In this day of women losing rights, this will strengthen your determination to keep everyone free. This was a true American who happened to be a woman. Please read it if you have the chance.

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Go Tell the Bees That I Am GoneGo Tell the Bees That I Am Gone by Diana Gabaldon
My rating: 5 of 5 stars

As much as I love all the Outlanders, this may be my favorite. The sad part is that the next book isn’t ready to read. So now I am floundering with Diana Gabaldon’s novellas. And Davina Porter makes Ms. Gabaldon’s writing shine!

Don’t let it scare you; think honey, not stingers. Bees do play a part in telling this story. My takeaway is to always talk to the bees; they want to know.

As with the rest of the series, this book is educational about the American Revolution. It is inspirational as I long to read and research our history to know more than I learned in school. It proves my point that the student will feel curious if you throw in a bit of magic.

Ah, but, Diana, why did you have to leave this on a cliff? Especially knowing that it would be ages until your perfected sequel (as opposed to the Game of Thrones hurried ending by someone else.) But it wasn’t a high cliff, so I’ll tolerate it knowing our heroes will be safe somehow and once again save the day.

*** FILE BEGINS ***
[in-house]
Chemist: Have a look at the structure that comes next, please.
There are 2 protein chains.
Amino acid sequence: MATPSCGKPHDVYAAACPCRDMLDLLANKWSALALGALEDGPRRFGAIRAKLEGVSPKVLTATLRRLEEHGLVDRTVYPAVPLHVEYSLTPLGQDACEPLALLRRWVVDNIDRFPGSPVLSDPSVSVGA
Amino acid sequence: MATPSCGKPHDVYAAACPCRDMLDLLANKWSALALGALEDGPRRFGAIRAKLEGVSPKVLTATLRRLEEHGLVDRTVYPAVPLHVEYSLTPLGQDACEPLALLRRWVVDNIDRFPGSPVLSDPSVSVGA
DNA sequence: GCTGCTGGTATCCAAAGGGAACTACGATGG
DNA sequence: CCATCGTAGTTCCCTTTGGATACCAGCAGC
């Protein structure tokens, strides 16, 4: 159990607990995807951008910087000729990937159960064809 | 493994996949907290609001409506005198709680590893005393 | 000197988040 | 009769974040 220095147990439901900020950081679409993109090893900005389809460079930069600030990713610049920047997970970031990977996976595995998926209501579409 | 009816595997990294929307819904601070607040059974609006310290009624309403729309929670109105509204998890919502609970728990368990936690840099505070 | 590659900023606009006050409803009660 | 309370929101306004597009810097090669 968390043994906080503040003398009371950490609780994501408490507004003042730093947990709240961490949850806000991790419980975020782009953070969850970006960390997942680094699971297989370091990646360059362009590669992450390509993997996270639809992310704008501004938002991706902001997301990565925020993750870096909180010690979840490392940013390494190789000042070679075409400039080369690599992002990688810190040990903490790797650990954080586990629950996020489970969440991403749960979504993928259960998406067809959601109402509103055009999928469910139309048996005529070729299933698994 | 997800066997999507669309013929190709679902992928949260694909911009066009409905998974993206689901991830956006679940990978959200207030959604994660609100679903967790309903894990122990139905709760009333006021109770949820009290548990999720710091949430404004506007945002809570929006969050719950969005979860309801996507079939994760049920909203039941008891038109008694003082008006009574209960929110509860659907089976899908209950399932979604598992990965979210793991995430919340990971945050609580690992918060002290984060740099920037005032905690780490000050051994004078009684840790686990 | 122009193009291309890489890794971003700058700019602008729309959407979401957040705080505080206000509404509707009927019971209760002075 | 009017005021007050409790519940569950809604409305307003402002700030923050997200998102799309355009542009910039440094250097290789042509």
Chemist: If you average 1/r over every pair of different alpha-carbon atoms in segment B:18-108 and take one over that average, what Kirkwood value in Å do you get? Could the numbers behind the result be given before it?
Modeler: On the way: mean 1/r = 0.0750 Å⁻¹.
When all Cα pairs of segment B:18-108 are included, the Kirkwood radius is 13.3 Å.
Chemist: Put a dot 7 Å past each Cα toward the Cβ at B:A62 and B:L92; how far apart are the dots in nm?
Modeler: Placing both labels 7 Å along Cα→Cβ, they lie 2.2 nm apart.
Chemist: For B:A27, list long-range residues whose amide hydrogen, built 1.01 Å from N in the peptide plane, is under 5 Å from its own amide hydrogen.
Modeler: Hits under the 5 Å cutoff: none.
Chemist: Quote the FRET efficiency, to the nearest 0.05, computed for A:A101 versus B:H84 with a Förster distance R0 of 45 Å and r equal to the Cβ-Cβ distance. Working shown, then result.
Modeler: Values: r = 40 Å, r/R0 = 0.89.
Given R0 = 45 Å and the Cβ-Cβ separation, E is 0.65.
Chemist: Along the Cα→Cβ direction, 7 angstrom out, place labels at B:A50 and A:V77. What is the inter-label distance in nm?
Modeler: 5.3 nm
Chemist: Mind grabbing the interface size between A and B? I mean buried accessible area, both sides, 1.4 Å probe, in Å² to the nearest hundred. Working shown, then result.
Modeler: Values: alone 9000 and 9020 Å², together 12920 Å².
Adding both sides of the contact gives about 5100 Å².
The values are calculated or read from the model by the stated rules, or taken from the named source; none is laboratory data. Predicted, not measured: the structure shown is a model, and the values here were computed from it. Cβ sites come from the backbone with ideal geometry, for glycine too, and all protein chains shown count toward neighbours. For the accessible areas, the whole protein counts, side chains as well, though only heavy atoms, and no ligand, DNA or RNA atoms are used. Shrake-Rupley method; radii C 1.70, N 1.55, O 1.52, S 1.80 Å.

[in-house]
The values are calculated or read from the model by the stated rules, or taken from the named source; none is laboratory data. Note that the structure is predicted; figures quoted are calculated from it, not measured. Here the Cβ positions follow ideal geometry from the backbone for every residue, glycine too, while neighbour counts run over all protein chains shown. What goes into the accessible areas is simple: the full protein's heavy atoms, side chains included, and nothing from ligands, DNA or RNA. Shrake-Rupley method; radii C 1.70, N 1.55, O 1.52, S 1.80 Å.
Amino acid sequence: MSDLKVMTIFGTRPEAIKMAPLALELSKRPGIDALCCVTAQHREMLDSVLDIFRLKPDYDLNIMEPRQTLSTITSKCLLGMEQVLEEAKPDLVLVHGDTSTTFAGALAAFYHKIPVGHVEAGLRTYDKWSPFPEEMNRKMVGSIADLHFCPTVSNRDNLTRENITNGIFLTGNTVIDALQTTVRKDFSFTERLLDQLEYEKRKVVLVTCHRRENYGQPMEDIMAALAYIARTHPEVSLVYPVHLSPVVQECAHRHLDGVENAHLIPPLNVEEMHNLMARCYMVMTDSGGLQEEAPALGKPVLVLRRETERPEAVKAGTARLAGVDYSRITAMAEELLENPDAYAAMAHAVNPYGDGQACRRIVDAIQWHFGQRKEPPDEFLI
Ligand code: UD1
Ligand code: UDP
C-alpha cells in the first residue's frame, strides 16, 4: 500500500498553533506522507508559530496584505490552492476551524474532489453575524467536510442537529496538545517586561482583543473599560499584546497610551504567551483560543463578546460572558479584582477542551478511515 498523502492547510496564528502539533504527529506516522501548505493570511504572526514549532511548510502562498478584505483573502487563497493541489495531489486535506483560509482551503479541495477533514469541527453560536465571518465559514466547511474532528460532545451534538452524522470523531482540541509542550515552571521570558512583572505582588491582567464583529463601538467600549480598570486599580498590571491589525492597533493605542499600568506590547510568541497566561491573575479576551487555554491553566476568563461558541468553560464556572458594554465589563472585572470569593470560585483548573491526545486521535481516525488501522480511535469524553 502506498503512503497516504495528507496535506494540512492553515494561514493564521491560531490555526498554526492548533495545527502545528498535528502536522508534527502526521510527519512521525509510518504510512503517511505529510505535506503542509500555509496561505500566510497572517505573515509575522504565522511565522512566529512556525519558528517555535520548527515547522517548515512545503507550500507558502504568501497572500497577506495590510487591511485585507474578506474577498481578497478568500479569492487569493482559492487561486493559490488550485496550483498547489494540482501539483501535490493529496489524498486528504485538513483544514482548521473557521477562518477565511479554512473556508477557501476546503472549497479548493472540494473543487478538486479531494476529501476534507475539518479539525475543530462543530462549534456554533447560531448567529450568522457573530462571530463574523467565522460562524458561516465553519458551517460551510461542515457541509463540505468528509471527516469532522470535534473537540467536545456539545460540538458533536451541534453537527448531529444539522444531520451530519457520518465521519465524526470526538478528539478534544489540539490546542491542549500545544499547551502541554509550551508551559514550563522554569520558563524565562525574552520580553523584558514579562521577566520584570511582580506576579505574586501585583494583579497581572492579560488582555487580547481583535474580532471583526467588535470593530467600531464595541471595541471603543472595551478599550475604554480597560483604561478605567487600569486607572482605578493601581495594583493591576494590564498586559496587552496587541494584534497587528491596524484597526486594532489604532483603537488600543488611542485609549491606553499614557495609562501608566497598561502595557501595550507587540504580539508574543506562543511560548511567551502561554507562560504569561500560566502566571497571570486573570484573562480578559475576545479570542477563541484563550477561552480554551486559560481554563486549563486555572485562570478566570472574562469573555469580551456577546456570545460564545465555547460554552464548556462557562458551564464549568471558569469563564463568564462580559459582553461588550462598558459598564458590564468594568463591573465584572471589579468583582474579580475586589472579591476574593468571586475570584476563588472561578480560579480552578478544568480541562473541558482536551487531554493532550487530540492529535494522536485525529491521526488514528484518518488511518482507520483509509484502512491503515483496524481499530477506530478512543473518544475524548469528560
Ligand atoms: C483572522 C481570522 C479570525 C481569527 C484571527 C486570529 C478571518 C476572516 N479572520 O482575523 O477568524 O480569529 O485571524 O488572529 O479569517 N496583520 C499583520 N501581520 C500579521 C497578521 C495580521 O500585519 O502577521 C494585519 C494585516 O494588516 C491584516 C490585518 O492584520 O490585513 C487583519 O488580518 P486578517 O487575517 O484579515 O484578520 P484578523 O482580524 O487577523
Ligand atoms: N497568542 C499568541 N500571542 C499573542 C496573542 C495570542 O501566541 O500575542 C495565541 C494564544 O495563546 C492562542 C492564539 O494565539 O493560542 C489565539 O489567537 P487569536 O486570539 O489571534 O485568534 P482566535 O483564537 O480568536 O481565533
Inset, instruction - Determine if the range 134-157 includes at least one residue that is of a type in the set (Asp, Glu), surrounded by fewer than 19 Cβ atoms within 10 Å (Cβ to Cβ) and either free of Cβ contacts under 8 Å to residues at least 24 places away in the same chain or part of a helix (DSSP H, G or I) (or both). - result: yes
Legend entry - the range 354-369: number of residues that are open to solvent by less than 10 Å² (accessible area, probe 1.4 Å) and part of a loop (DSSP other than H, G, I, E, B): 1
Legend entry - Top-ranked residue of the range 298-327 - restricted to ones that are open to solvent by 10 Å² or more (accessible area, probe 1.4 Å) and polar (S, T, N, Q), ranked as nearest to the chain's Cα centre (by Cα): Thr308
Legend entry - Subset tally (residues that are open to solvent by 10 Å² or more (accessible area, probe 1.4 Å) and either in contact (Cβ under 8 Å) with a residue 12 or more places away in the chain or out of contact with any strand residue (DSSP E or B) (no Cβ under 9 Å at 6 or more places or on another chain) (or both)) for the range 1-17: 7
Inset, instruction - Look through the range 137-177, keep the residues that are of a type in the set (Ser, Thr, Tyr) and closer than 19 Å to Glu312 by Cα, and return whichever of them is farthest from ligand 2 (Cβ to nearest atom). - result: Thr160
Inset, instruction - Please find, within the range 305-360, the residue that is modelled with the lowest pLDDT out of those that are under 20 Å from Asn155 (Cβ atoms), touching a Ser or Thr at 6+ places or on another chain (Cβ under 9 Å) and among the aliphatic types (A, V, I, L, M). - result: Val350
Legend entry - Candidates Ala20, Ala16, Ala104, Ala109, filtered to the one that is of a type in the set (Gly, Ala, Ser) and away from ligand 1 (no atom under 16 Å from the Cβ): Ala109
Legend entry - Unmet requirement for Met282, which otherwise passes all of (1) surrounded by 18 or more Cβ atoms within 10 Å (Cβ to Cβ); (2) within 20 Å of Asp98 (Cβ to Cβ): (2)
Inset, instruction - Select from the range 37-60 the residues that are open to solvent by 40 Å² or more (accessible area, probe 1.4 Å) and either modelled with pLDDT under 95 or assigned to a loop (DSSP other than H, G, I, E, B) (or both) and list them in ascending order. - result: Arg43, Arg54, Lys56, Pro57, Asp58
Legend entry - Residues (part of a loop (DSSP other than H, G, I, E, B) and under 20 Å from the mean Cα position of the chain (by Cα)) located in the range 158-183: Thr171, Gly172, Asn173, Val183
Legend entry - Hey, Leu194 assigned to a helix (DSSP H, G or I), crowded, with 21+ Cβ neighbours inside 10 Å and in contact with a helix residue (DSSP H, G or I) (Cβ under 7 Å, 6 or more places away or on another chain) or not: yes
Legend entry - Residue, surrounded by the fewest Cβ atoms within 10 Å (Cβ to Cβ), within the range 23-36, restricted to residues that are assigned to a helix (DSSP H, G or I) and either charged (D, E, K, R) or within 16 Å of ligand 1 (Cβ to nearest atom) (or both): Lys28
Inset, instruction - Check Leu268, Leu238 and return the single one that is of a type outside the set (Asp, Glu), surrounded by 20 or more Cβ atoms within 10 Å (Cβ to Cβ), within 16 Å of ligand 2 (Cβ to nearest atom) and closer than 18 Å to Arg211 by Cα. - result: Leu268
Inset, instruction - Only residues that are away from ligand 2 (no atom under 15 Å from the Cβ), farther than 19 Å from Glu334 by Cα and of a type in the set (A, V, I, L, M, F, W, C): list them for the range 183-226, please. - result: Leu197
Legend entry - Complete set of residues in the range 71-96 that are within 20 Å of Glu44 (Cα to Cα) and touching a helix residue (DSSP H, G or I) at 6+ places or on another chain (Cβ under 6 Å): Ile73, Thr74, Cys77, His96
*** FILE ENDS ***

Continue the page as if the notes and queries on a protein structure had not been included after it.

I love, love, love all the lessons the Frasiers and friends have to teach us and can’t wait for more.
If you get the chance, please listen to these books in audio form as Davina Porter brings the story to life.

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Midnight in Washington: How We Almost Lost Our Democracy and Still CouldMidnight in Washington: How We Almost Lost Our Democracy and Still Could by Adam Schiff
My rating: 4 of 5 stars

Midnight in Washington was not a good book to read before going to sleep. It was a Libby (library) audio in the author’s voice, so I wanted to neither keep myself awake on reliving the horror of January 6th or miss parts of the story by falling asleep as the recording continued. So I settled on listening while busy with my hobbies, keeping my hands busy but my mind engaged in the reading.

I saw the author, Adam Schiff, on several talk shows and knew I wanted to hear his account of what had happened. I was surprised and pleased to see he included an autobiography. Meaning you were seeing what happened from his point of view.

I felt the book was honest and fair to others as it occurred to the author.

It is interesting having read this before the hearings we are listening to today. I feel more engaged and understand more. I highly recommend this book, especially in Adam Schiff’s calming voice.

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I have been curious since surgery. I found myself heading down the scientific history trail. I’m sure as most medical discoveries, there had been errors and trials

But think for a moment having cataract surgery before the American Revolution. Even if Clair Frazer did the operation, lack of good anesthetic and machines to help guide her hands, it would be terrifying.